The Russians and the Chinese are aware of this plan due to their extensive intelligence network in Iran and that is the reason they have a softer tone against Iran and want the negotiations to continue. Russia and China are not sharing this information with the West as they think it might put Iran even in a worse relationship with the Western powers.
Western powers on the other hand believe they can push Iran into "win/lose" game as the current government is afraid of the sanctions and its implications. What they do not know is the shadow power of IRGC which will ensure redlines are not crossed.
The plan "B" is a complex multi-faceted and detailed preparation for staged reactions to external/internal actions/threats in the domains of economic, military, social and political areas. This plan will replace government's policies and indirectly give IRGC the full control of the country. The "when" and "if" of the execution of the plan is determined by the Supreme Leader. As such Rohani has no say to stop its execution or the timing of it. Part of the plan includes the "realization of strategic deterrence capability".

Piruz Mollazadeh said...

The Non-Aligned states are simply that, non aligned and immaterial.

It comes as a surprise though, that Russia, which is now under U.S sanctions as well, is siding (along with China) with the West to pressure Iran on its nuclear program. It's like no one wants an industrial-scale nuclear program in Iran.

Can anyone explain the Russian position to me and what lies behind it, I mean the strategic and political calculations of the Russians?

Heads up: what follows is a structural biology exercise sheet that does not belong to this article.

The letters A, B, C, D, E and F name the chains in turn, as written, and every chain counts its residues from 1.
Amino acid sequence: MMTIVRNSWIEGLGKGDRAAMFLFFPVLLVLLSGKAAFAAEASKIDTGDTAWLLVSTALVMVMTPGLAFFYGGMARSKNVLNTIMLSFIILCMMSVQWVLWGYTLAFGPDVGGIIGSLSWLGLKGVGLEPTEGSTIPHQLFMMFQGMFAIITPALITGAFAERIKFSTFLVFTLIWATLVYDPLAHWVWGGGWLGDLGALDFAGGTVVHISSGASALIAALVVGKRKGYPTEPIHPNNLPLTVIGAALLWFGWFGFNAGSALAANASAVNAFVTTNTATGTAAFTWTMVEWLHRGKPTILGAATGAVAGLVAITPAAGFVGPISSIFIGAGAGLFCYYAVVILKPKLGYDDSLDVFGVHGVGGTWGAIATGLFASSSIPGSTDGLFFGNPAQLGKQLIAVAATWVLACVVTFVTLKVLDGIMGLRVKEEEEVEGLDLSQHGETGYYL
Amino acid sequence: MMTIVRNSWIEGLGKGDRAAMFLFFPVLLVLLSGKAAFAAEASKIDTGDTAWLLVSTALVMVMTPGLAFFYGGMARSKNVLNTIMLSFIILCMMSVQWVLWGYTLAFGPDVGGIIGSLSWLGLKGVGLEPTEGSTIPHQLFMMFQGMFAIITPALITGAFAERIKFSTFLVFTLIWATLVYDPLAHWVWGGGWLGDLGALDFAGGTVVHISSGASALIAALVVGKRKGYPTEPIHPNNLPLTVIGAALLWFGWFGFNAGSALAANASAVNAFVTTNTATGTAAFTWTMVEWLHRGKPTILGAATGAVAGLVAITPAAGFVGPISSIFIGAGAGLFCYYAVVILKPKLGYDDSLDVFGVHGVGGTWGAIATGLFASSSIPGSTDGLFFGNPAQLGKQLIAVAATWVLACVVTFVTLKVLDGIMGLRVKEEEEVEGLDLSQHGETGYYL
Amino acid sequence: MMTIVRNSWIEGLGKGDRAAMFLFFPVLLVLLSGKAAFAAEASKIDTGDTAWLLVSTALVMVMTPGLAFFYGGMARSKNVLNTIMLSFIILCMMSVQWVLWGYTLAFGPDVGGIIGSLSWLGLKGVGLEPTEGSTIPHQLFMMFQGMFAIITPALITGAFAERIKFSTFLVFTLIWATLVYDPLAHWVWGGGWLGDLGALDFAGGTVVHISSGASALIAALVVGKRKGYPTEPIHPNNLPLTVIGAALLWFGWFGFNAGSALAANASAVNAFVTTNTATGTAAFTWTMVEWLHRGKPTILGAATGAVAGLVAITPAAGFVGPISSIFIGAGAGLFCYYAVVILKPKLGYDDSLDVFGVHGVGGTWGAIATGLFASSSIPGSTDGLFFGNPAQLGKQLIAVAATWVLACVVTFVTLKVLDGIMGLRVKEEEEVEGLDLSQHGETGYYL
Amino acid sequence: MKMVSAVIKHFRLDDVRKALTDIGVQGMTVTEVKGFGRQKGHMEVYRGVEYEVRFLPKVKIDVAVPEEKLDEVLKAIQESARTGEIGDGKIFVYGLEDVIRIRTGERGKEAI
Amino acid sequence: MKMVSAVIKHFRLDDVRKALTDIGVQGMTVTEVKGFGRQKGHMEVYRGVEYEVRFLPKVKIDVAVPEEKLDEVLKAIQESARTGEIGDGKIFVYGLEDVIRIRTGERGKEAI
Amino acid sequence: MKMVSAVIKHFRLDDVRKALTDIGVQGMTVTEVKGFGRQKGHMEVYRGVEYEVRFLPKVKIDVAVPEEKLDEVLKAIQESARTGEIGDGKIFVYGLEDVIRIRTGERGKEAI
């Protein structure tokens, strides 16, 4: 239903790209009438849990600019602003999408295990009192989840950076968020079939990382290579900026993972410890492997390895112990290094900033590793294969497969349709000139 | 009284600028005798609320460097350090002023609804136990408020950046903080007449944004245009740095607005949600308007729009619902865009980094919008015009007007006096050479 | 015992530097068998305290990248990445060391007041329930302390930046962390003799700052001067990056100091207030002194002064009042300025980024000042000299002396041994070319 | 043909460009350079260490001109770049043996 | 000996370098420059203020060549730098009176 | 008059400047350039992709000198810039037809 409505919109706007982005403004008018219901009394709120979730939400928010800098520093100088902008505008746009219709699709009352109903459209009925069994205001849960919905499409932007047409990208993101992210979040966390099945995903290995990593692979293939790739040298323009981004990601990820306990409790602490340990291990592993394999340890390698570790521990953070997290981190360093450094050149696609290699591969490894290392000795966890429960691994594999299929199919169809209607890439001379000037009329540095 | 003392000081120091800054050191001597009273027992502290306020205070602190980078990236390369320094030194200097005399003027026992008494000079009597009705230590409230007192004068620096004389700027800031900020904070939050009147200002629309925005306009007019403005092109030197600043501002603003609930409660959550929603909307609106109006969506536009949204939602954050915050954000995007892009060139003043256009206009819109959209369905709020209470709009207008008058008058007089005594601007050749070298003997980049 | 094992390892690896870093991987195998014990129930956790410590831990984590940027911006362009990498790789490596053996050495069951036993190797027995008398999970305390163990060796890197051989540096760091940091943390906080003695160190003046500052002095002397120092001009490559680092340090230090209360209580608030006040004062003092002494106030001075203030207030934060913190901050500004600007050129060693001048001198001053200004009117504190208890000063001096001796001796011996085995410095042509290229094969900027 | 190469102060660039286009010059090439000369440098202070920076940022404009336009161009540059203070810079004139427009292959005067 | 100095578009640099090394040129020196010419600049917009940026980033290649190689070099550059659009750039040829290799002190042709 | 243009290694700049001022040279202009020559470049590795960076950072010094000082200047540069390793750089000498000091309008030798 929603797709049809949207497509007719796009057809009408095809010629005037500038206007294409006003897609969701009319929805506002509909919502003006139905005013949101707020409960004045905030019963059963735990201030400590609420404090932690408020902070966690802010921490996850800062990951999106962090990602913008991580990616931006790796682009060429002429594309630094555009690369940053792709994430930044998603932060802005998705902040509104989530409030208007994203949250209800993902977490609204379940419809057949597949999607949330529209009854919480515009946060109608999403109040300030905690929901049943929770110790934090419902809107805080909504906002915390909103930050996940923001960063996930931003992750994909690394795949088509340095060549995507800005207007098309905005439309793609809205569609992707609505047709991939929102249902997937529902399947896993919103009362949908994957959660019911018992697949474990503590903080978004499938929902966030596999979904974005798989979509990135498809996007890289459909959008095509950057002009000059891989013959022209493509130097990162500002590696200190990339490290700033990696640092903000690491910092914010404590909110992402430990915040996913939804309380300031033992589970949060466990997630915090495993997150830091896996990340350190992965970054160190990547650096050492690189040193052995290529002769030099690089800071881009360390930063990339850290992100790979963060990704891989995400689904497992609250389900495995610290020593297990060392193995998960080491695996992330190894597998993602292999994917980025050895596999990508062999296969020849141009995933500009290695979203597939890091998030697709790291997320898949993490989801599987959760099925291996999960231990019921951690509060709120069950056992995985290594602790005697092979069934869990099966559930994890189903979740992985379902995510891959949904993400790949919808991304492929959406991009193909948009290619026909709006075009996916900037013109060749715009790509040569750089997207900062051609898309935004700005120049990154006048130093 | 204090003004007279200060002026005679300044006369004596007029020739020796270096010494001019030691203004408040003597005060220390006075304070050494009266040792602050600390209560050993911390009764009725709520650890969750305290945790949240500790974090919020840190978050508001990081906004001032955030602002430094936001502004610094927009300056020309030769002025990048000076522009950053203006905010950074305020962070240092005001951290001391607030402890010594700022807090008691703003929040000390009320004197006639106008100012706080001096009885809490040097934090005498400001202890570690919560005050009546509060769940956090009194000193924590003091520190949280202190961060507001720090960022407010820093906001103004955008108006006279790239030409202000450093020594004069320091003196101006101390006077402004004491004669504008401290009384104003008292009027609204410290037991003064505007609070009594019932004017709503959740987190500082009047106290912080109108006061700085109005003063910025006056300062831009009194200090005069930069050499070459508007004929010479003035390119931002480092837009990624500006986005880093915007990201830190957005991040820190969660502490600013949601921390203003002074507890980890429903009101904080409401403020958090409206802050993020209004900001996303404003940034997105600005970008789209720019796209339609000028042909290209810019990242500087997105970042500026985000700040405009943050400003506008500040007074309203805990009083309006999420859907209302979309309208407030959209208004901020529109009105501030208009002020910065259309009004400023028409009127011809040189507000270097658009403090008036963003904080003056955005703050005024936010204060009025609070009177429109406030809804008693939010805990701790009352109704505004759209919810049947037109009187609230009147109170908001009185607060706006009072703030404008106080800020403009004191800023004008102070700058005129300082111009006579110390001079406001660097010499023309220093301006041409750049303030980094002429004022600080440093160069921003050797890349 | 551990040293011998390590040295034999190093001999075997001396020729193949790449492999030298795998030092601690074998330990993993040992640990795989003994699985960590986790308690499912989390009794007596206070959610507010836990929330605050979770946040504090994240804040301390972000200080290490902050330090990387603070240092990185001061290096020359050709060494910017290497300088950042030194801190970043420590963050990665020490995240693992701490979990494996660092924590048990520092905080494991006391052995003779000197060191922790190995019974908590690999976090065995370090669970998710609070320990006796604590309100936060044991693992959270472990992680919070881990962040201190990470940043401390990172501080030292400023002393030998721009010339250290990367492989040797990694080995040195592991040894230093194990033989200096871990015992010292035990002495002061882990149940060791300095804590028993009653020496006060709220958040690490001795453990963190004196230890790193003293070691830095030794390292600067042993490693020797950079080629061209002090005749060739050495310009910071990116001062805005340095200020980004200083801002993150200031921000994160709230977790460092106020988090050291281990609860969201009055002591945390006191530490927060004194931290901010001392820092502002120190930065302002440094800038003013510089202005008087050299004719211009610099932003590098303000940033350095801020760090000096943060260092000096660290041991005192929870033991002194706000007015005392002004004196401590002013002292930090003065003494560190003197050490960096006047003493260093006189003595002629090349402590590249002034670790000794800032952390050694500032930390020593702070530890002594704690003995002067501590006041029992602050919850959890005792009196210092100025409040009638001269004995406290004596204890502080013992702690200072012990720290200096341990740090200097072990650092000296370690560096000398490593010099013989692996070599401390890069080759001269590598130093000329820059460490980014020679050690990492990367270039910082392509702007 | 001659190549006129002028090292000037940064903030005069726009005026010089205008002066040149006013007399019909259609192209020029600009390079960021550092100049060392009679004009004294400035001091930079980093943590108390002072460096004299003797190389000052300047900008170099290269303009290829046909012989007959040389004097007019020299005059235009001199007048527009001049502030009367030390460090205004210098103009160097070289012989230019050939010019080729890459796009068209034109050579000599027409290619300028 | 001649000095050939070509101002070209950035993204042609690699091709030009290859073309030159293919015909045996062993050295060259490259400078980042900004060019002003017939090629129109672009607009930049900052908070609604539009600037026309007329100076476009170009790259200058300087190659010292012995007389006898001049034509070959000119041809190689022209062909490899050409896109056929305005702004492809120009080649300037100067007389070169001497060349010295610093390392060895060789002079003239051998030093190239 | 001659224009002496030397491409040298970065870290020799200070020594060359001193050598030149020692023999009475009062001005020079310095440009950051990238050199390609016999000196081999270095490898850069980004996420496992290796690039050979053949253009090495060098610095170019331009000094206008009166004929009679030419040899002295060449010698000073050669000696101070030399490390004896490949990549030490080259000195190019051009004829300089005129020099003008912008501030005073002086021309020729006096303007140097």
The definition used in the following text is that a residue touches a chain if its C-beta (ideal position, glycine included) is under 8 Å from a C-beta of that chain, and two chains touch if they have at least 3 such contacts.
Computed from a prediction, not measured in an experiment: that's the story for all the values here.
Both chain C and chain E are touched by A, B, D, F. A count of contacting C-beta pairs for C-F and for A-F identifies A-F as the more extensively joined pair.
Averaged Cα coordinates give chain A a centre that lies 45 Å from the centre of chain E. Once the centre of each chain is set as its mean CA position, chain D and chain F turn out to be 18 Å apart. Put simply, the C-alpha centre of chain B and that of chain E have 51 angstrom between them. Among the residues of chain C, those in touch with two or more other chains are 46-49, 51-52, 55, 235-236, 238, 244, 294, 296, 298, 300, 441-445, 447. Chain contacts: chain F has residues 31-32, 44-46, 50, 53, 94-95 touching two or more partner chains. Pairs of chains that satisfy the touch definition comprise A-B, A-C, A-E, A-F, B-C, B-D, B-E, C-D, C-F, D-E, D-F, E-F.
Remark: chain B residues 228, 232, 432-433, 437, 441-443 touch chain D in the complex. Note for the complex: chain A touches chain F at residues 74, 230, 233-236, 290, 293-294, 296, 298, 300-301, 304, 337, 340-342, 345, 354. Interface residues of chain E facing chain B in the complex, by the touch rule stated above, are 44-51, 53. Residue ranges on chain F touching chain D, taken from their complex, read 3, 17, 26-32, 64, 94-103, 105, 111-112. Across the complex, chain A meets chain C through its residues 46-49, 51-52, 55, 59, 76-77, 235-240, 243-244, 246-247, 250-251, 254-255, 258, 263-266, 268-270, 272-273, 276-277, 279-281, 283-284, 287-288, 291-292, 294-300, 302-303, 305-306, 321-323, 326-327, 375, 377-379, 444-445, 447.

Nader Uskowi said...

Russia does not want to see a nuclear Iran next door. They consider Iran's insistence that it needs to operate 50,000+ centrifuges to fuel Bushehr unacceptable, because they have already committed to providing the fuel, and they are indeed doing that, and Iran does not have any other reactors. The suspicion on their part, as well as the West, is that Iran needs those large numbers of centrifuges for rapid breakout capability (the amount of enriched uranium needed to make a nuclear weapon).

Anonymous said...

God forbid if the islamic regime is nuclear armed. The worse type of dictatorship is a religious dictatorship. This curse must be removed from Iranzamin.

Piruz Mollazadeh said...

Uskowi, I cannot but wonder, what exactly is your personal view on Iranian breakout capability? Don't you think Iran needs to have it for defense purposes (the idea that a strike on Iran would trigger nuclear armament on Iran's part, wich makes the attack too costly)?

And don't you think that, had Iran acquired nuclear weapons (or breakout capability, without the actual nukes) 34 years ago, it wouldn't have had to spend 500 billion dollars on the war with Iraq, and that it would be much safer today?

Isn't it the duty of Iranian leaders, after 8 years of imposed war (6 years were Khomeini's choice but it came as a response to Saddam's invasion) and a massive Soviet-Anglo invasion prior to that, to acquire some sort of capability that would deter enemies from attacking or even threatening?

I know this isn't Iran's formal position in the nuclear talks, but I'm just asking.